Fy nbos (fín bós) is a word that is used in South Africa to describe the combination of rare, indigenous plants and unusual combinations of plants that grow in the Western Cape region. (The term is also used to describe a type of flora in Eastern Africa called miombo.) The word Fynbos is derived from the Afrikaans word fynlán (fine wool). The term was coined by early settlers in the region and used to describe the fine wool-like appearance of the fynbos plants. Award-winning novelist Alexander McCall Smith, who has made his home in South Africa, has called fynbos “the most remarkable floral kingdom on earth.” ~~

Fynbos is a term used in wine, that refers to a type of vegetation native to Africa, Australia, and South America, as well as the vineyards found in this vegetation. The term was originally coined in the 19th century, when Dutch immigrants to South Africa found the word in their language for the vegetation found in the Cape region of the country. A fynbos vineyard is distinctive because it is composed of a wide variety of plants and flowers, with few large trees and little grass.

Illustration by Alyssa Nassner

If you walk along a well-trodden path through a vineyard or down a hillside valley in the vineyards of the Western Cape in South Africa, you will find lush vegetation of all shapes and sizes. Brushing these bushes releases many scents: intoxicating dried herbs, wildflowers, savory spices and more.

It’s fynbos, an African word for small-leaved plants. The fynbos is home to about 8,500 species belonging to several important families – Westionaceae, Proteaceae, Ericaceae, Rutaceae and Iridaceae – many of which are endemic to the Cape Floral Region or the Cape Floral Kingdom.

In 2004, the Cape Floral Region was listed as a World Heritage Site by UNESCO and designated as one of the world’s greatest centers of land-based biodiversity.

Fynbos Pincussion Protea at Cape Point Vineyards / Photo by Pierre van der Spuy via WOSA

Fynbos vegetation thrives on the arid soils of the Cape’s harsh climate and hot, dry summers. Many plant species in the fynbos biome occur in close proximity to vineyards in the Cape Winelands and could influence the aroma or taste of the wine through the dispersal of organic material such as plant oils or pollen.

The earthy blend of spicy and floral aromas that Finbos offers can be reminiscent of Syrah, Grenache and Mourvèdre, both on their own and in a blend. Although these varieties are often associated with the Rhone Valley, they are also widely grown in Cape Town.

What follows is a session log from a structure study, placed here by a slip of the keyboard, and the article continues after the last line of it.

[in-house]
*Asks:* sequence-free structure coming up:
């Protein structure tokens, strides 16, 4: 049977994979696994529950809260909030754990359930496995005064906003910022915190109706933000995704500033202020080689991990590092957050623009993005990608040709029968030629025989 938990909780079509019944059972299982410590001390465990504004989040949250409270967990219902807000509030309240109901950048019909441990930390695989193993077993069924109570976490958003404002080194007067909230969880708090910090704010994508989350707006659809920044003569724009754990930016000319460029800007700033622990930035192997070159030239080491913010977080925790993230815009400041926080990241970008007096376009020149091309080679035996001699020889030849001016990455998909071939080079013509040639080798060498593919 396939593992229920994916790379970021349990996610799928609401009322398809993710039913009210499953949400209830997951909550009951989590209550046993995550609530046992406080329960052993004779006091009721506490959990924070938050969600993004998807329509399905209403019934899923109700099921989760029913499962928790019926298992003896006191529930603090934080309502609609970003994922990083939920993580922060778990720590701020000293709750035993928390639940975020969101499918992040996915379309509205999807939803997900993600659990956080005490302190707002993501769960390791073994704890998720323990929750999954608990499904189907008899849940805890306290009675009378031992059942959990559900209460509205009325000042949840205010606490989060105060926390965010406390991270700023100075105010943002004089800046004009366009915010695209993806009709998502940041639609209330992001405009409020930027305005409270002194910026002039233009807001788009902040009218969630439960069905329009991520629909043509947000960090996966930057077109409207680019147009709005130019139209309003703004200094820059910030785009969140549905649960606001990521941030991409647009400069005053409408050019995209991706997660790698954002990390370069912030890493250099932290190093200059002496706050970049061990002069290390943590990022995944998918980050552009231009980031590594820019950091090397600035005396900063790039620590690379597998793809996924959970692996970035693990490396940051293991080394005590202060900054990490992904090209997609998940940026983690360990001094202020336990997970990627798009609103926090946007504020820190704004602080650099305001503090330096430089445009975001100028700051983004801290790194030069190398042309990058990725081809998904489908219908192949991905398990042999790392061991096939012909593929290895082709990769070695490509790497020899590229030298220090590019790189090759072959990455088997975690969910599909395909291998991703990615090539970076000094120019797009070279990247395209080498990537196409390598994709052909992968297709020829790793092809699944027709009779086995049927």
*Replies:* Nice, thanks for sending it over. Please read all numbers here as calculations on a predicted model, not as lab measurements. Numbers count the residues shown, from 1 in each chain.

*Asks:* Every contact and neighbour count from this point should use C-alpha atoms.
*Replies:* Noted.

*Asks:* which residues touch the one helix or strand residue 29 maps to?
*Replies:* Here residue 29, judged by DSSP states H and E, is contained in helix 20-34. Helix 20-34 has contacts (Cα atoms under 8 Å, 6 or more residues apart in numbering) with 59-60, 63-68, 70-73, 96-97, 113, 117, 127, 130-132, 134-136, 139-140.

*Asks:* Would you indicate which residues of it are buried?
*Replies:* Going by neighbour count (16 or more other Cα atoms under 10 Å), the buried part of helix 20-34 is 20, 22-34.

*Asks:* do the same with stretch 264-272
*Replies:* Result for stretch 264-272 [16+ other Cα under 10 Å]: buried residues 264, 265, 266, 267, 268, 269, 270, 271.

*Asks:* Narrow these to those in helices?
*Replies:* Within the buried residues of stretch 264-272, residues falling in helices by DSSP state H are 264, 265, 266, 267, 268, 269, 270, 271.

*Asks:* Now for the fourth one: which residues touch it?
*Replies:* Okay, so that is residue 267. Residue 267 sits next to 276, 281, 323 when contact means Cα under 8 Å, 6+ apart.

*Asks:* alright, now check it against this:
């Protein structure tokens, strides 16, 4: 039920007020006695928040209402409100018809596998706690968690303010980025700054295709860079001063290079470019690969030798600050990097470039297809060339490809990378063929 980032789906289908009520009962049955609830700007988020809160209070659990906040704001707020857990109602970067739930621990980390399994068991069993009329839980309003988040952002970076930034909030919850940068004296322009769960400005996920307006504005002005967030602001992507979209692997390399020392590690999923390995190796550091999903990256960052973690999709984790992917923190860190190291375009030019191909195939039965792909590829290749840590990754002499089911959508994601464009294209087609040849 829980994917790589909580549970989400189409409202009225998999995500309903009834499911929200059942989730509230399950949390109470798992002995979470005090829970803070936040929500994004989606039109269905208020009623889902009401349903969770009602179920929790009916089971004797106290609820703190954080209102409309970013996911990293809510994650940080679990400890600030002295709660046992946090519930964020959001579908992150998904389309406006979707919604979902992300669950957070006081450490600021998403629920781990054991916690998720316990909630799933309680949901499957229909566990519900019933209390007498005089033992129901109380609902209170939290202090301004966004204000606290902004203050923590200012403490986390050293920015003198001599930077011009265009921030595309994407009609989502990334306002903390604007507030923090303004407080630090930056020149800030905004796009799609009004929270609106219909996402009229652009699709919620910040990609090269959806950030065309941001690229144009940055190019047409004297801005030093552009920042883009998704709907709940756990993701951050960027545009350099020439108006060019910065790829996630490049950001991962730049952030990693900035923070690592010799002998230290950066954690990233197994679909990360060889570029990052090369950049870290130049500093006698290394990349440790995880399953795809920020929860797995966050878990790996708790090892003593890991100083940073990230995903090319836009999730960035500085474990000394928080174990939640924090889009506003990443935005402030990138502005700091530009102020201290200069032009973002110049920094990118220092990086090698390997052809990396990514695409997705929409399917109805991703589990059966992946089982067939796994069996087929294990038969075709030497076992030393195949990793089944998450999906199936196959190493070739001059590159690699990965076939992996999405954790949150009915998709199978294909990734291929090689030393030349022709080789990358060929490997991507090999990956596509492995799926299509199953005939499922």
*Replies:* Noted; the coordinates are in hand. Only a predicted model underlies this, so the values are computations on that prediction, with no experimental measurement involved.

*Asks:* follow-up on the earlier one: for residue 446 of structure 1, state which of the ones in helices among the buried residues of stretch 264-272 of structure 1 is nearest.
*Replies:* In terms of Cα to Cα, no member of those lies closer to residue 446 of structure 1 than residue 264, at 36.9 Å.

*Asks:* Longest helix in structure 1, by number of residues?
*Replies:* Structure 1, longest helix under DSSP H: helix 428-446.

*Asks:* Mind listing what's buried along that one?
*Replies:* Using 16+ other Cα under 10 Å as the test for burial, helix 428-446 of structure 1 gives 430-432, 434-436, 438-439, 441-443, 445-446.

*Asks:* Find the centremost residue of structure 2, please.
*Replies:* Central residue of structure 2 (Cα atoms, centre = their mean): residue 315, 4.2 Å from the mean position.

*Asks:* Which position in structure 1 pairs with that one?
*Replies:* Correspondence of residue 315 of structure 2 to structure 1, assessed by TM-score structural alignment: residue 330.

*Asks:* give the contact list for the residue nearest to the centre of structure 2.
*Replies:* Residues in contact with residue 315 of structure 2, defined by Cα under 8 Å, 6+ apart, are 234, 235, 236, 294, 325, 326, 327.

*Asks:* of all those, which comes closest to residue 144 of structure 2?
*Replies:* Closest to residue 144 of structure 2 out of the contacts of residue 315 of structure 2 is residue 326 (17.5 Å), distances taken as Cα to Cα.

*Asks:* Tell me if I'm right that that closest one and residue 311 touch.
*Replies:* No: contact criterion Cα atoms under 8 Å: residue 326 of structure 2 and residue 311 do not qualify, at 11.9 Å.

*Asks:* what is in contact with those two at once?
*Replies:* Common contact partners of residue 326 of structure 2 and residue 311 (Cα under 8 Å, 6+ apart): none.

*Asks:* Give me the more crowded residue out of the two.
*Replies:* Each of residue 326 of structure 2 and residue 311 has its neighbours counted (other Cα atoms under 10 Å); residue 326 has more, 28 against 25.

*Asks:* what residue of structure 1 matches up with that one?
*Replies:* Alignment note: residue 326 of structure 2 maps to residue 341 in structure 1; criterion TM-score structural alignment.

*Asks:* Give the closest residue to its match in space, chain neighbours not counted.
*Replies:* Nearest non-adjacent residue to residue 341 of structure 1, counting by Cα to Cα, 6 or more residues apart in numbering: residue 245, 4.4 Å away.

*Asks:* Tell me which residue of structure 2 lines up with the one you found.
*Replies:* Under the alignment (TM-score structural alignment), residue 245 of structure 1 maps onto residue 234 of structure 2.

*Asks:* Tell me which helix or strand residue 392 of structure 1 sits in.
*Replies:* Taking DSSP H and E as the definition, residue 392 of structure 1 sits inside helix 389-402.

Contemporary South African red wines exhibit a range of aromas that express the influence of Fynbos. The flavors can be quite intense. After rain, the aromas are fresher and purer, and the expression of petricorn – the earthy scent that emerges after rain on dry ground – adds to the complexity of the perfume.

The composite nature of fynbos plants generally makes it difficult to isolate a single scent. The buku, one of the many species of the genus Agathosma, which means good aroma, is an exception. It has a strong aroma, reminiscent of the peppery note often found in Syrah (Syrah’s peppery flavor comes from Rotundon, a sesquiterpene).

The perception of the wine’s aroma, which is defined by spicy and herbal notes, can also be enhanced by the properties of fynbos.

Richard Kershaw, MW, produces eponymous wines, including Syrah grown in Elgin, a region with a cool climate. He believes that different climatic factors are responsible for the elegant, medieval expression the region is known for.

The end result is a translucent wine with a medium-dark color accented by red fruits with black cherries and bright spices that are more savory than sweet, Kershaw said.

In warmer climates, such as Swartland, the spicy and peppery notes can still be evident, but they are often deeper and accompanied by more pronounced fruity characteristics.

Floral aromas can also pop up, especially in Rhone-style red blends that smell like wild rosemary or lavender.

Given the large number of different fynbos species, it is easy to understand how the many different aromas can lead to confusing flavors.

But even if fynbos can’t be defined as a memory of a specific or familiar scent, its warm wildness should remind you of the seductive bounty of South African Cape vineyards and the natural beauty that surrounds them.

This source has been very much helpful in doing our research. Read more about fynbos pronunciation and let us know what you think.

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